Cases Archive

12th Jul 2024

The Mother v The Father [2024] EWFC139

Alex Aspinwall appeared for the applicant father in a final hearing set against significant findings of domestic abuse (made at a a fact-finding hearing reported as The Father v The Mother [2023] EWFC 124). The Final Hearing was listed for 4 days and saw cross-examination of two expert witnesses who both gave evidence in support of letterbox contact. Alex sought to persuade the court to make an order for long-term supervised contact and was critical of the professional evidence before the court. He pointed to the section 7 officer seeming to apply a test of ‘fairness’ (as opposed to welfare) and argued that both experts were too absolutist in their conclusions on the father. Both witnesses accepted that they may have been overly absolutist but stuck to their recommendations.ewfc_2024_139

The court made an order that the father be limited to letterbox contact only. Findings were made in respect of his insight and ability to safeguard the children if further contact were to be ordered. The court pointed to Alex’s helpful summary of the law as reproduced at annex 2 of the judgment.

21st Jan 2022 | [2022] EWHC 3705 (Fam)

A Local Authority v DZ & Ors

24th Nov 2023 | [2023] EWHC 2996 (Fam)


Alex Aspinwall appeared on behalf of the respondent mother in proceedings brought pursuant to article 12 of the Hague Convention 1980 for summary return of a child to Slovakia. The mother opposed the application and relied on the defence set out in article 13(b) of the Convention.

Alex succeeded in establishing the grave risk of harm (limb one of the test) but the court found that sufficient protective measures existed in Slovakia to mitigate any risk to the mother and child.

Please see here for the judgment.

18th Jul 2019 | [2019] EWHC 3099 (Fam); Bailii

D v O

14th Sep 2023 | Bailii

Surrey CC and LV and FM and A, B & C [2023] EWFC 186

Jay Banerji represented the Mother in an important case on unknown causation where an infant had sustained a skull fracture. No findings were made against the parents, and the proceedings were dismissed.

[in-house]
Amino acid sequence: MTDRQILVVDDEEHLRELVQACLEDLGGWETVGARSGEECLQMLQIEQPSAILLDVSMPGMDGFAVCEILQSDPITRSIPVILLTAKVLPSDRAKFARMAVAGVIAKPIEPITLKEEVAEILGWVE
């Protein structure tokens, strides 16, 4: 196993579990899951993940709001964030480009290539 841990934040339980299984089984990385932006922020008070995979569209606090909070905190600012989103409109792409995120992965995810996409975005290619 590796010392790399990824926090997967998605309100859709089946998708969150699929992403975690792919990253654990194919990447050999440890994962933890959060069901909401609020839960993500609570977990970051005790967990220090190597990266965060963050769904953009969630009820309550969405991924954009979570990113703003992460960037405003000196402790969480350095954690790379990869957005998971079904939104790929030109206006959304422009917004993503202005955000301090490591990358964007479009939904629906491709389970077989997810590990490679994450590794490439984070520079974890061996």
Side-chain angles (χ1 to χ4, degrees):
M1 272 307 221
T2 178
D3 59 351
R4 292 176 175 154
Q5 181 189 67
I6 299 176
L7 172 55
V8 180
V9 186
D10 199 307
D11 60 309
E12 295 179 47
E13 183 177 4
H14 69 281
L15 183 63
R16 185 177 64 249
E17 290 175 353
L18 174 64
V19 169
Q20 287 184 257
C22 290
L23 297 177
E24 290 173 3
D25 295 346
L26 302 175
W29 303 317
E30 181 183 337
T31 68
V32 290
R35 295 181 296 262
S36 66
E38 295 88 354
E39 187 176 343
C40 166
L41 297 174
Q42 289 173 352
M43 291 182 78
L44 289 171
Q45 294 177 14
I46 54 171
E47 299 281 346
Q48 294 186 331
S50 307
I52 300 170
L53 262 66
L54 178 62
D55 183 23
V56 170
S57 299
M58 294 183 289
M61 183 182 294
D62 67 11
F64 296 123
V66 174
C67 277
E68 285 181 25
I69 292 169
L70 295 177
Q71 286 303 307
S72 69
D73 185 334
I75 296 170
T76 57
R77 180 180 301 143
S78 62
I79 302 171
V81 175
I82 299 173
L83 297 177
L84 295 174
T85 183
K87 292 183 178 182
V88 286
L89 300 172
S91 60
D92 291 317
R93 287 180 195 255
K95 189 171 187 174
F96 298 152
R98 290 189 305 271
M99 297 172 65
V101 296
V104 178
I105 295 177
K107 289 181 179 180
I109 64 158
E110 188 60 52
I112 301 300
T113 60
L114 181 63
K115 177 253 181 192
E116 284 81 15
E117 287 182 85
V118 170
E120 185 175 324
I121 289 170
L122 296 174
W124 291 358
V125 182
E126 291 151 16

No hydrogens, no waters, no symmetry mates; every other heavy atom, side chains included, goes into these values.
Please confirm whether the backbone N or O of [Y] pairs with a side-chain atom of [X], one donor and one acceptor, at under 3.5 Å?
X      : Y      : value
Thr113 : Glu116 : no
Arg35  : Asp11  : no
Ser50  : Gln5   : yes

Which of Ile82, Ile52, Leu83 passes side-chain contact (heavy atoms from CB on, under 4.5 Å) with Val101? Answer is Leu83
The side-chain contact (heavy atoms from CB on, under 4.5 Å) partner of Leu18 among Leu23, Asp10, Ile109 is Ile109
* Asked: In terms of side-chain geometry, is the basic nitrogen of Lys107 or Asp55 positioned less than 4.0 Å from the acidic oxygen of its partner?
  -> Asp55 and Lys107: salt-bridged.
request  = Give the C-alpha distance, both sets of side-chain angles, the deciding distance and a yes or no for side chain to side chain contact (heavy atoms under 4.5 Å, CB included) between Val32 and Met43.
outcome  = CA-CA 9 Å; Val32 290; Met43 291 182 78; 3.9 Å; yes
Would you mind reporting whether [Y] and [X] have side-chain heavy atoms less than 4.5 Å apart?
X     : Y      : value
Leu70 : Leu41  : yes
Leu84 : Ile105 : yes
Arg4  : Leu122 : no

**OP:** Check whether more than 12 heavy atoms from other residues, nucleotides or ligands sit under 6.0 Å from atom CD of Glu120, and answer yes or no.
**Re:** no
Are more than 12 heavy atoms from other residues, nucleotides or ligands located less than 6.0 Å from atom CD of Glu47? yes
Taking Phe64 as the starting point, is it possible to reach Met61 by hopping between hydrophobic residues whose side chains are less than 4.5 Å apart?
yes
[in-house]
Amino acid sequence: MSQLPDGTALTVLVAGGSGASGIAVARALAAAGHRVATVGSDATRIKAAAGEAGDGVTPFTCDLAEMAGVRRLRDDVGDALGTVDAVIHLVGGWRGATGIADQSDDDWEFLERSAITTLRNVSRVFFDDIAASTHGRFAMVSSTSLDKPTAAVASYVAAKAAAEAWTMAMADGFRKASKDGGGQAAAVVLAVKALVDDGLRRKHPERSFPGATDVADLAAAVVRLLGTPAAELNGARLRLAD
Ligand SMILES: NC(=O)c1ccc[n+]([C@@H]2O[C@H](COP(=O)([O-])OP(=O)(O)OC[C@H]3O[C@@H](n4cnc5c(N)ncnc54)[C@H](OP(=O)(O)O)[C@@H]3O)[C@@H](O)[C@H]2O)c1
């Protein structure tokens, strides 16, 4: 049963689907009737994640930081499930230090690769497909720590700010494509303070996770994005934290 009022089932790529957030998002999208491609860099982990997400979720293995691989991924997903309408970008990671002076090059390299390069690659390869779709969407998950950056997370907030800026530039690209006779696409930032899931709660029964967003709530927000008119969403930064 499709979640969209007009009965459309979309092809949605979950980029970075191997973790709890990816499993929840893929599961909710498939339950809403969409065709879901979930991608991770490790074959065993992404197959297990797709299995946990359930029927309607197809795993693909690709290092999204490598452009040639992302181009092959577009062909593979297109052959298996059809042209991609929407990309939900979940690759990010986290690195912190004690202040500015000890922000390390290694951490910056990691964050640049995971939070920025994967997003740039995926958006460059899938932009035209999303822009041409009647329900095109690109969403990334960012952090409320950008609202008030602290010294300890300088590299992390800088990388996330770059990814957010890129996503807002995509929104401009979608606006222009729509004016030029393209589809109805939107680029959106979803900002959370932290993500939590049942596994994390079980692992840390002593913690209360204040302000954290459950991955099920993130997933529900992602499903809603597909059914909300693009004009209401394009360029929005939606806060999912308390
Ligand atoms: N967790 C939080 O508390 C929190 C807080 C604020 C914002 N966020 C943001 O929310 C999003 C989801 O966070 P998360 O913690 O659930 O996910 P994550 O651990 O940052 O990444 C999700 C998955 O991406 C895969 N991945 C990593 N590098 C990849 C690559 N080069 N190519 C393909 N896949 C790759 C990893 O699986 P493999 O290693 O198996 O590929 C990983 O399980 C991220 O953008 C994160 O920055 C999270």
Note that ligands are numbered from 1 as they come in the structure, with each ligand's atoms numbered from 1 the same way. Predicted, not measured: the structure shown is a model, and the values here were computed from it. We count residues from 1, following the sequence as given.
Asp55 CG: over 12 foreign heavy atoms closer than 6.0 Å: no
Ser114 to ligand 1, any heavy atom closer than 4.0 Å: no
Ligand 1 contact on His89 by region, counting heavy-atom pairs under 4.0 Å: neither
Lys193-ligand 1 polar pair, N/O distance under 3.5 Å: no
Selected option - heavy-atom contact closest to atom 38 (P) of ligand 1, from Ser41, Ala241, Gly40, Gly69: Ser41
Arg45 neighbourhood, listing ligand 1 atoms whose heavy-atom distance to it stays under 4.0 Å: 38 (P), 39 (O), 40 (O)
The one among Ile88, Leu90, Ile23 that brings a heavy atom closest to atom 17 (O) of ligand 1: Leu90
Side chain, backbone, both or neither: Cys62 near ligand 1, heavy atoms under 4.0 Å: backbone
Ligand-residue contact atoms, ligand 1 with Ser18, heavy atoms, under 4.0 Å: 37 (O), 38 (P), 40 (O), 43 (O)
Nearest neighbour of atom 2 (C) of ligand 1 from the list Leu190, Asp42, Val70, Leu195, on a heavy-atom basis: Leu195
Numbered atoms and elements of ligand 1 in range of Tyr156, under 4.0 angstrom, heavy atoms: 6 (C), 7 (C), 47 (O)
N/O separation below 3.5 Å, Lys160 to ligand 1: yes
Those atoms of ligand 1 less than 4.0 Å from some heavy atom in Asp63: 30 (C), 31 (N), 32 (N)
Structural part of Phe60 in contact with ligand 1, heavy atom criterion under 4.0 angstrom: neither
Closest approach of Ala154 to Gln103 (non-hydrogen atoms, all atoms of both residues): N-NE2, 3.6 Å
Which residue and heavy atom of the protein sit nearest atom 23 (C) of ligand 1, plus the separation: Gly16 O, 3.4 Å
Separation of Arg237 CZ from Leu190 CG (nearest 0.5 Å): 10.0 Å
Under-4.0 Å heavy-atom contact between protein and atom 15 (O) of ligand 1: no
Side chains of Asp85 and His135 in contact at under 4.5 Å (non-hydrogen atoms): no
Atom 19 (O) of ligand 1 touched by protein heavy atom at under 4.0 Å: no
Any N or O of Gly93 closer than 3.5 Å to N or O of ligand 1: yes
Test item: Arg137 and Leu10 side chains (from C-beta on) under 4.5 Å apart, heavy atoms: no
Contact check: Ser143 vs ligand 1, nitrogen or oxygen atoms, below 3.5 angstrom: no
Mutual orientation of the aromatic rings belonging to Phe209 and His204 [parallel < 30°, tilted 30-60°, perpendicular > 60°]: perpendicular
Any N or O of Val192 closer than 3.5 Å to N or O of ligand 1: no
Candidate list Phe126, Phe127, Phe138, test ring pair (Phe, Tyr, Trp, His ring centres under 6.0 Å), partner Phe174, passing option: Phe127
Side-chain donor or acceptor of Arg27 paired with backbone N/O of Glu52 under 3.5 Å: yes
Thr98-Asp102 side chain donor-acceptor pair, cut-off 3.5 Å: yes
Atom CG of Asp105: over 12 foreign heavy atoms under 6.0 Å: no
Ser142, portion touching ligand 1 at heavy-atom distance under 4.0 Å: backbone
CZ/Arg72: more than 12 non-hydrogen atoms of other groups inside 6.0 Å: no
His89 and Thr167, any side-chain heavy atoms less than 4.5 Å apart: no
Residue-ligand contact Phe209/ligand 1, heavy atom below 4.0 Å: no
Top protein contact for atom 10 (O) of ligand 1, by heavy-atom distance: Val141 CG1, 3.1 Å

10th May 2023 | [2023] EWFC 124

The Father v The mother (Re A-M & Anor)

Alex Aspinwall (for the father) and Robin Powell (for the mother) appeared in a fact-finding hearing concerning allegations of abuse made by the respondent mother. The mother raised 39 separate allegations to advance a case of controlling and coercive behaviour dating from the parties first meeting until separation. The court determined that it would only hear evidence in relation to 14 of those allegations. The father, in turn, alleged a pattern of controlling and coercive behaviour directed against him. He submitted that the children’s removal from the jurisdiction was part of a wider plan to freeze him out of their lives.

Evidence was given over the course of 4 days and counsel made submissions on (a) the proper approach to considering evidence of controlling and coercive behaviour in light of the decision in Re H-N & Ors [2021] EWCA Civ 448, (b) the approach to Lucas directions following A, B and C [2021] EWCA Civ 451 and (c) the credibility of each party and weight to be given various pieces of evidence presented to the court.

Please see here for the judgment. The court’s findings are set out at [124]. 10 findings were made against the father.

5th Jan 2023 | [2023] EWCA Civ 1

Re S (A Child) & W (A Child) (s20 Accommodation)

The case is reported in Bailii here.

Joan represented the appellant mother in an appeal to the Court of Appeal which argued that it can be right to use s20 accommodation for the long-term care of a child and that in suitable cases it is not necessary for the local authority to hold a s31 order. Joan, led by Deidre Fottrell KC was successful in arguing that the court at first instance was wrong to conclude that a child should be placed in long-term care under a care order when it was clear that the parents had no intention of disrupting the placement and agreed that residential care was the best option for their child. Cases in which the courts criticised local authorities for the improper use of s20 were distinguished. The case is important as parents retain parental responsibility on an equal footing to the local authority if the child is accommodated under s20 rather than a s31 order being made, strengthening the parents’ ability to advocate for their child and putting the parents and local authority on an equal footing.

This point is made in the article written by Joan and Tatiana Rocha which examined the case of Re S and its implications for other similar cases: “Putting parents on a level playing field: when is s20 appropriate for the long-term care of a child?”  A copy of the article can be found on this link: